Rob Fleder (editor)
Published: May 24, 2012
Category: Non Fiction
When I worked at America Online, Memorial Day was about a brief nod to the war dead and a loud hello to grilling season. We’d built a giant special feature about grilling, and every year we rolled it out and collected another zillion clicks. So I would probably be smart to fire up a grill feature.
But the thing is, I’m not as fond of charred beef as your average exemplary American, and I’ve got scant affection for dry, stiff chicken, and as for watching fish flake off into the charcoal, no thanks. And when I picture Dad in an apron with I WEAR THE PANTS on it, I just completely lose it.
As for the war dead and wounded, what we mostly do is dishonor them. Read Marian Salzman’s piece about vets with brain injuries and you’ll be sad and furious.
So for a Memorial Day “celebration,” it looks like we’re down to baseball, the so-called national pastime. I could argue that. If you feel like taking the kids to a Yankee game, you’d better be in the 1% --- tickets and snacks are budget-busters for lesser mortals. Not that the new Yankee Stadium is anything close to your vision of it. The House That Ruth Built now has so many flashing screens you can’t keep your attention on the action. Truly, being there is the next worst thing to being trapped in a slot machine at Foxwoods.
Happily, Rob Fleder --- who is the former Executive Editor of Sports Illustrated and can probably field and bat brilliantly --- has pulled together a book of pieces about the Yankees. Add peanuts and popcorn, cook up a dog and slather it with mustard, crack open a beer better than Bud, and you’re ready to read these 24 pieces. [To buy “Damn Yankees” from Amazon, click here. For the Kindle edition, click here.]
Some writers love the Yankees. Others love them less: Dan Okrent, Frank Deford and J. R. Moehringer (yes, the author of The Tender Bar). And guys like Roy Blount Jr are just too funny to take sides.
This is a writer’s book, not a sportswriter’s book, and that makes all the difference. Like the transplanted Irish writer, Colum McCann, author of “Let The Great World Spin.” His is a father-and-son story, but with a lovely twist. He’s not passing on his love for baseball. His son is teaching it to him. A sample:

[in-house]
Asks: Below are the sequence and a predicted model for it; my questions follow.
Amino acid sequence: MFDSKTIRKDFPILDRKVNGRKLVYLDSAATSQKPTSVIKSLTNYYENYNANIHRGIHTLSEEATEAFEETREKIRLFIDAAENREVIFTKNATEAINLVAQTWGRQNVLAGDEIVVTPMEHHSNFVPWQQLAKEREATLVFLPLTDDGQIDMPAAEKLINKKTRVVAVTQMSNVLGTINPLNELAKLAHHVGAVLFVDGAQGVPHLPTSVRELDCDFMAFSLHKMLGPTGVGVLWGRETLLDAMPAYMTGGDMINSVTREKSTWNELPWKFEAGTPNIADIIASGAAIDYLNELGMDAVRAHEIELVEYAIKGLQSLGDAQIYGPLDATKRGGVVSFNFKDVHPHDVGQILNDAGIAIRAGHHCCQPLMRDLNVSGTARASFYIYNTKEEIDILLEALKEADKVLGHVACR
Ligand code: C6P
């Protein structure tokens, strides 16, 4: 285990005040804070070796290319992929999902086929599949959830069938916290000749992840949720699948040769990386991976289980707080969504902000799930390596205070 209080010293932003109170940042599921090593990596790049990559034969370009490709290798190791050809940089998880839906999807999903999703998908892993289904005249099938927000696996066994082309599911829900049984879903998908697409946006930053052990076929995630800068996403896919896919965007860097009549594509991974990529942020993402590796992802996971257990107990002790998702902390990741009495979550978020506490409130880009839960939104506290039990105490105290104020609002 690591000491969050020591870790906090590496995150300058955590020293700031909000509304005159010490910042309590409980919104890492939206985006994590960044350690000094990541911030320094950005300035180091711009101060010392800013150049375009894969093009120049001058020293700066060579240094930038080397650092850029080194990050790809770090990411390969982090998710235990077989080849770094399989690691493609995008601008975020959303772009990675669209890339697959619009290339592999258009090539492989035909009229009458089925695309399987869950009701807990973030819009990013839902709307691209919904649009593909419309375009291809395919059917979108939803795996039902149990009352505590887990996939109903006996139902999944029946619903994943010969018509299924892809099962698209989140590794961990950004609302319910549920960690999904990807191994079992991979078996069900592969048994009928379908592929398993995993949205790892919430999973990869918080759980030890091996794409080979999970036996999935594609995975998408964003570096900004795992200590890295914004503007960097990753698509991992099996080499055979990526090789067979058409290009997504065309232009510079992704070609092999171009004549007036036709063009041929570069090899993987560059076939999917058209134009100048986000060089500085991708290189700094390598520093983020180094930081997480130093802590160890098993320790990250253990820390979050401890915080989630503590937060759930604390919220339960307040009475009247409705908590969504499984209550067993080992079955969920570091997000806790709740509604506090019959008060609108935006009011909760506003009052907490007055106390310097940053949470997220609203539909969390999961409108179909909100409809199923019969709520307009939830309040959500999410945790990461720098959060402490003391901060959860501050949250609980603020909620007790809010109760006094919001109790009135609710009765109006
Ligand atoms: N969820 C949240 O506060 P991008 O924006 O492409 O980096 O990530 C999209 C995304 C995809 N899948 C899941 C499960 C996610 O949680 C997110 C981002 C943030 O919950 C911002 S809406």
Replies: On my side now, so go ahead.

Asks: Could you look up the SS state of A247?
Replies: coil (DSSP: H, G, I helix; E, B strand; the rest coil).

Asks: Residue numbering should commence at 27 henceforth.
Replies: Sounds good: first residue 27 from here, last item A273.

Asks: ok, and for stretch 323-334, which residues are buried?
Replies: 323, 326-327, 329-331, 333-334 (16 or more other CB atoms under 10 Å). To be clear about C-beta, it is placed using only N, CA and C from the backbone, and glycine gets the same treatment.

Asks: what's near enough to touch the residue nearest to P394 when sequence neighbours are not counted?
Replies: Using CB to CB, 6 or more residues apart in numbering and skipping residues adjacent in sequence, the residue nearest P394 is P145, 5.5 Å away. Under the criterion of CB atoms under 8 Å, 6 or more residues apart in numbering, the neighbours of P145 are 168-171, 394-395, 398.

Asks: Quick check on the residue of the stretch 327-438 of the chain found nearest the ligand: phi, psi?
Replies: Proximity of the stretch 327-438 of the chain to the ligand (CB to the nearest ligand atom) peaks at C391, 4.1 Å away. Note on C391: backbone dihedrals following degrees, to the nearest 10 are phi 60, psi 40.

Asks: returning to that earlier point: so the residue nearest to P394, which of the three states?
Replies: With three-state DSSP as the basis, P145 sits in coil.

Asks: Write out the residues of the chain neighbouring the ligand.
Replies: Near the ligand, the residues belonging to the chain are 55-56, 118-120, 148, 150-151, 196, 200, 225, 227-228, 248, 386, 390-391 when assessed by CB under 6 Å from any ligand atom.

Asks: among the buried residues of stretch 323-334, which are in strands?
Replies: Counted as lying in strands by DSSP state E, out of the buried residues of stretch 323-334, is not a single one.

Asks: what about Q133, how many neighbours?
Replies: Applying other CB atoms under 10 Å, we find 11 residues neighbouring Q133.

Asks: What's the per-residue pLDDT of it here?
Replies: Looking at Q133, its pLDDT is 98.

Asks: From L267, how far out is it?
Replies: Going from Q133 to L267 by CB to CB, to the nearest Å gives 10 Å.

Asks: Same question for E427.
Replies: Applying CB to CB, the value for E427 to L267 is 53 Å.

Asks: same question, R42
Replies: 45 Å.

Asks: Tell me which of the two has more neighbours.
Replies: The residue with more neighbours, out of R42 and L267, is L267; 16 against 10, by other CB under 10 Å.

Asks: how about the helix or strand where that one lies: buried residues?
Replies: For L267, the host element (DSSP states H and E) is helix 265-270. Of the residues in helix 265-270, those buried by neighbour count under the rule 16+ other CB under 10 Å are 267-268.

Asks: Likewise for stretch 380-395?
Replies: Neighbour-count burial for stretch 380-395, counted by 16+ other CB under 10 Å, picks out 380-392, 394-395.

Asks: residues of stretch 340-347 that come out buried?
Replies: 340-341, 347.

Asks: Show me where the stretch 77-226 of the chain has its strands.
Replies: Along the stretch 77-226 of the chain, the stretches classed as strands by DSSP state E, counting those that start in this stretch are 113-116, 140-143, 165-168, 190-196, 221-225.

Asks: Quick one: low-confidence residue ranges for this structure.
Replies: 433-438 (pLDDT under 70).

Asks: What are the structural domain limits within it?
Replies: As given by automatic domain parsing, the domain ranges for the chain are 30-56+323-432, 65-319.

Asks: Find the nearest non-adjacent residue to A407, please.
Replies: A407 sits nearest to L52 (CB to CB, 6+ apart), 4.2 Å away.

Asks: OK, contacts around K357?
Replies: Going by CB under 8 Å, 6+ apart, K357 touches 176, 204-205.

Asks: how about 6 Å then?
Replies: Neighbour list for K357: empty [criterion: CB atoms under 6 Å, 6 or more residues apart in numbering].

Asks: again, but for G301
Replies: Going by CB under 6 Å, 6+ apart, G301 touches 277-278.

Down, 3-1. Bottom of the ninth. One on. Nobody out. The Yankees against the Minnesota Twins. Game 2 of the American League Division Series, October 2009. A-Rod is at the plate. The air has that chewy sense of hope. There is always call for a miracle.
“It’s gonna happen, Dad.”
This is what baseball can do to the soul: it has the ability to make you believe in spite of all other available evidence. My son, John Michael, is 10 years old. We are in the bleachers. He leans in to me and says that the pitch is going to come in high and fat. It’s still a new language to me. The pitch is thrown, and indeed it does — it comes in high and fat, and 94 miles per hour. A-Rod leans into it like he’s about to fell a tree and smacks the ball and it soars, that little sphere of cowhide rising up over the Bronx, and it is a moment unlike any other, when you sit with your son in the ballpark, and the ball is high in the air, you feel yourself aware of everything, the night, the neon, the very American-ness of the moment.
And then it strikes you that the ball has an endless quality of fatherhood to it.
The Yankees as eternal winners? Here’s Dan Barry on the years they weren’t even close:
The seasonal failure of the Yankees made the game of baseball somehow sweeter. It became a kind of binding agent for a suburban family in need of one: a shared distraction; an ever-ready conversation changer. When my father lost his job, or temper; when our home’s domestic quarrels became loud enough for the entire neighborhood to enjoy (Mets fans, all of them); when the three dogs slipped under the fence and ran away again, there was always this:
Dad, didja see that the Yankees are gonna get Rocky Colavito? Rocky Colavito?!?
Dad, watch me do a high-kicking windup, just like Lindy McDaniel!
Dad, guess what? Bobby Murcer is an All-Star!
Dad, it says here that Mickey is going to play in the Old-Timers’ Game. Can we watch that together? Can we?
But if I start quoting, this piece will go into extra innings, and Derek Jeter will be on a walker. So let me suppress the urge to tell you about the player who lost his skills overnight and Catfish Hunter moving unsteadily toward death and the future superstar Robinson Cano. Let me not say that some pieces fell flat for me, and that my tolerance for the Yankees is not quite what it used to be, and that I once reviewed a biography of George Steinbrenner with such loathing that my editor needed asbestos gloves to hold the printout. (My prose was, correctly, tempered before publication.)
If you know someone who reads the sports pages first, here’s a book that he --- or she --- will greatly enjoy.